“That’s alright, John,” Harold mutters, distracted. “We’ll figure it out. We’ll—“

Grace slides the bedroom door open and steps onto the terrace. “Harold?”

Harold turns his entire torso to look at her and smiles, a slightly rigid and forced smile, but a smile nonetheless. “Yes, dear?”

“Come on back to bed. It’s so chilly out here.”

“Just a moment,” Harold says, but when he turns back around, John is gone.

 

A couple hours later, over a breakfast of flat bread and goat cheese and delicious Italian coffee, Harold manages to convince himself that it had all been a dream. A nightmare, he corrects; because dreams linger sweet on waking, and nightmares hang sour.

Harold clings tightly to his silverware and focuses as intently as he can on the grains in his bread, eating with methodical determination, as though he could eat up the memory of the dawn. But John refuses to be banished from his mind. He’s there—out of the corner of his eye when he looks up to Grace’s inquiring face; in the reflection on the back of his spoon, the split instant in the dark behind his eyelids when he blinks.

His chest aches. Nightmare, nightmare, he reminds himself; count to ten and let it go, but the morning light can’t fade it, like it usually does, and there is a small, treacherous, self-destructive streak at the back of his mind that clings as tightly as it can to that semi-transparent apparition.

Grace takes her bike to the mainland in late morning to run a few errands. Harold finds his way back onto the terrace; kneels laboriously to the beach and picks up a stone, clutches it so tightly in his fist that his knuckles turn white.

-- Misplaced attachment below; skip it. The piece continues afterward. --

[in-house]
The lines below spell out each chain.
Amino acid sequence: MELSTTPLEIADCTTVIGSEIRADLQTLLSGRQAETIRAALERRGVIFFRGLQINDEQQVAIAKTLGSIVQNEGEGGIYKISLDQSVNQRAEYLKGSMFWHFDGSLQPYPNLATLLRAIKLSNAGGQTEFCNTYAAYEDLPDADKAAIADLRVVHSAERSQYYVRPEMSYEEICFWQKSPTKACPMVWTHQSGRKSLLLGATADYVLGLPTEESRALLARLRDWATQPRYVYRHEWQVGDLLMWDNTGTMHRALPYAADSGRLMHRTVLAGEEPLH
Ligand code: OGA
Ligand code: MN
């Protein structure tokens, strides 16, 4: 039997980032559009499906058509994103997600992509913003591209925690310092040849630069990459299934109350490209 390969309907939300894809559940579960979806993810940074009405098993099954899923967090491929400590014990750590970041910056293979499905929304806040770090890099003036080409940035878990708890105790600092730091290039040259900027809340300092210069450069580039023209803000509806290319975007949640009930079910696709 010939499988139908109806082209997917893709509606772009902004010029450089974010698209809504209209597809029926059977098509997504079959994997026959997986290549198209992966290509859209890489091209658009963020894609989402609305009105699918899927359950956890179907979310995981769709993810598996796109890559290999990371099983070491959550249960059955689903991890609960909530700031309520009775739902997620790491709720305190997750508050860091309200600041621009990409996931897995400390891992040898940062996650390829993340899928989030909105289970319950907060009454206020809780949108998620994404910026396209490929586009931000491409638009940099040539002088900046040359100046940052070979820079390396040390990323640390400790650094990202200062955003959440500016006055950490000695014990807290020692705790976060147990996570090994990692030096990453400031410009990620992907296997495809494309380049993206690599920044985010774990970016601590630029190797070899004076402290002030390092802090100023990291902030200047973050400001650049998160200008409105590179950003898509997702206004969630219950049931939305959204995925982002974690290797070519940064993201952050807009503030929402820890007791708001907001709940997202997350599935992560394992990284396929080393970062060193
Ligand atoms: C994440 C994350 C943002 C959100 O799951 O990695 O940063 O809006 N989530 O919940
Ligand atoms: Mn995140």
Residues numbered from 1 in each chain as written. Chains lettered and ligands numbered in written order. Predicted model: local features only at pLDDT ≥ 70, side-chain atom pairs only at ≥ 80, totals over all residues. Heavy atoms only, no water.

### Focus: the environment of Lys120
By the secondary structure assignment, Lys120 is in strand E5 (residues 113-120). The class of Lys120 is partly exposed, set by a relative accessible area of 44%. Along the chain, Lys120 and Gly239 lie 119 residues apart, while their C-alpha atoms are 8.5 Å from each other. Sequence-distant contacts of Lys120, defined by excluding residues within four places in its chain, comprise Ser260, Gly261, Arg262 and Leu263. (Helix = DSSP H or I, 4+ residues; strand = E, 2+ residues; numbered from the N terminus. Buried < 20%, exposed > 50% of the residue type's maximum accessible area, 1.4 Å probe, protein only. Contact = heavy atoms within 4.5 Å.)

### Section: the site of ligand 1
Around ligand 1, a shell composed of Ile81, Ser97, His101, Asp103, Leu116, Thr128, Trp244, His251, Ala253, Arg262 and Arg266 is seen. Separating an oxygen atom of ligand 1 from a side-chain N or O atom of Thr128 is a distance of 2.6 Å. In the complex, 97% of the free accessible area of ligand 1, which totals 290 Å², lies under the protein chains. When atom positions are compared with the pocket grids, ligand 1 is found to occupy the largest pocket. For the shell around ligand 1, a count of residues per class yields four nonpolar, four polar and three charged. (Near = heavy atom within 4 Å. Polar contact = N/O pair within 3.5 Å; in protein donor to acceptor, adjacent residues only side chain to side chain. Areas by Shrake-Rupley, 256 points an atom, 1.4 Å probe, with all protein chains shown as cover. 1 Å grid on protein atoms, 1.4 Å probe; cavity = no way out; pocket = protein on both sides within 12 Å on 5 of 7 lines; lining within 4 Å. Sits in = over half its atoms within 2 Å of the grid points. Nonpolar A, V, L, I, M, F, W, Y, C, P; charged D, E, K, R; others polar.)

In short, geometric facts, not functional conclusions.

And John is there again.

“Are you alright, Harold?” he asks. The concern in his voice is enough to make Harold weep. He closes his eyes as tightly as his fists, counts to ten; waits until he can speak without sobbing.

John shouldn’t be asking if he is the one who is alright. John already made sure of that, hadn’t he? He died for him. He tricked him, and took his place; sacrificed his life so that Harold could have this, Santorini and Grace and at last a place to rest his head and mind, grown so old and weary in a mere decade that he had never realized how deep he’d sunk until he’d laid eyes on the unpolluted ocean for the first time in as many years and breathed.

But now John was here and the only thing that Harold could think, over and over, was that he didn’t deserve a single damn second of his reprieve.

“I’m so sorry, John,” Harold says, “I am so, so sorry—“

He makes the mistake of looking straight into John-not-John’s eyes. They are bottle-green, like sea glass with its edges worn away. They pin him like a butterfly to cork. The rock falls from his fist.

“Don’t be sorry. I didn’t do it so that you’d be sorry. I did it so that you could have… this….” John sweeps an arm around himself, encompassing the beach and the surf and the sky.

Is it why?” Harold asks, before he can help himself.

John looks hard at him.

Is it?”

“Why else?”

There’s a word hovering unsaid between them, but to John it means one thing, and to Harold, another. So to save them the misunderstanding, Harold swallows it. “Nevermind,” he says.

Silence stretches out between them. Harold is the first to look away.

“I could go.”

“Can you?” Harold asks, something like hope in his voice before he can temper it, and he is given the bitter reward of John’s throat bobbing with his harsh swallow.

“I could try,” John amends. “It’s hard, when—“ He fiddles at a bullet hole in his shirt. “When most of me doesn’t want to.”

As coldly as Harold can, he declares, “I need to move on. For my own sake, and for Grace’s.”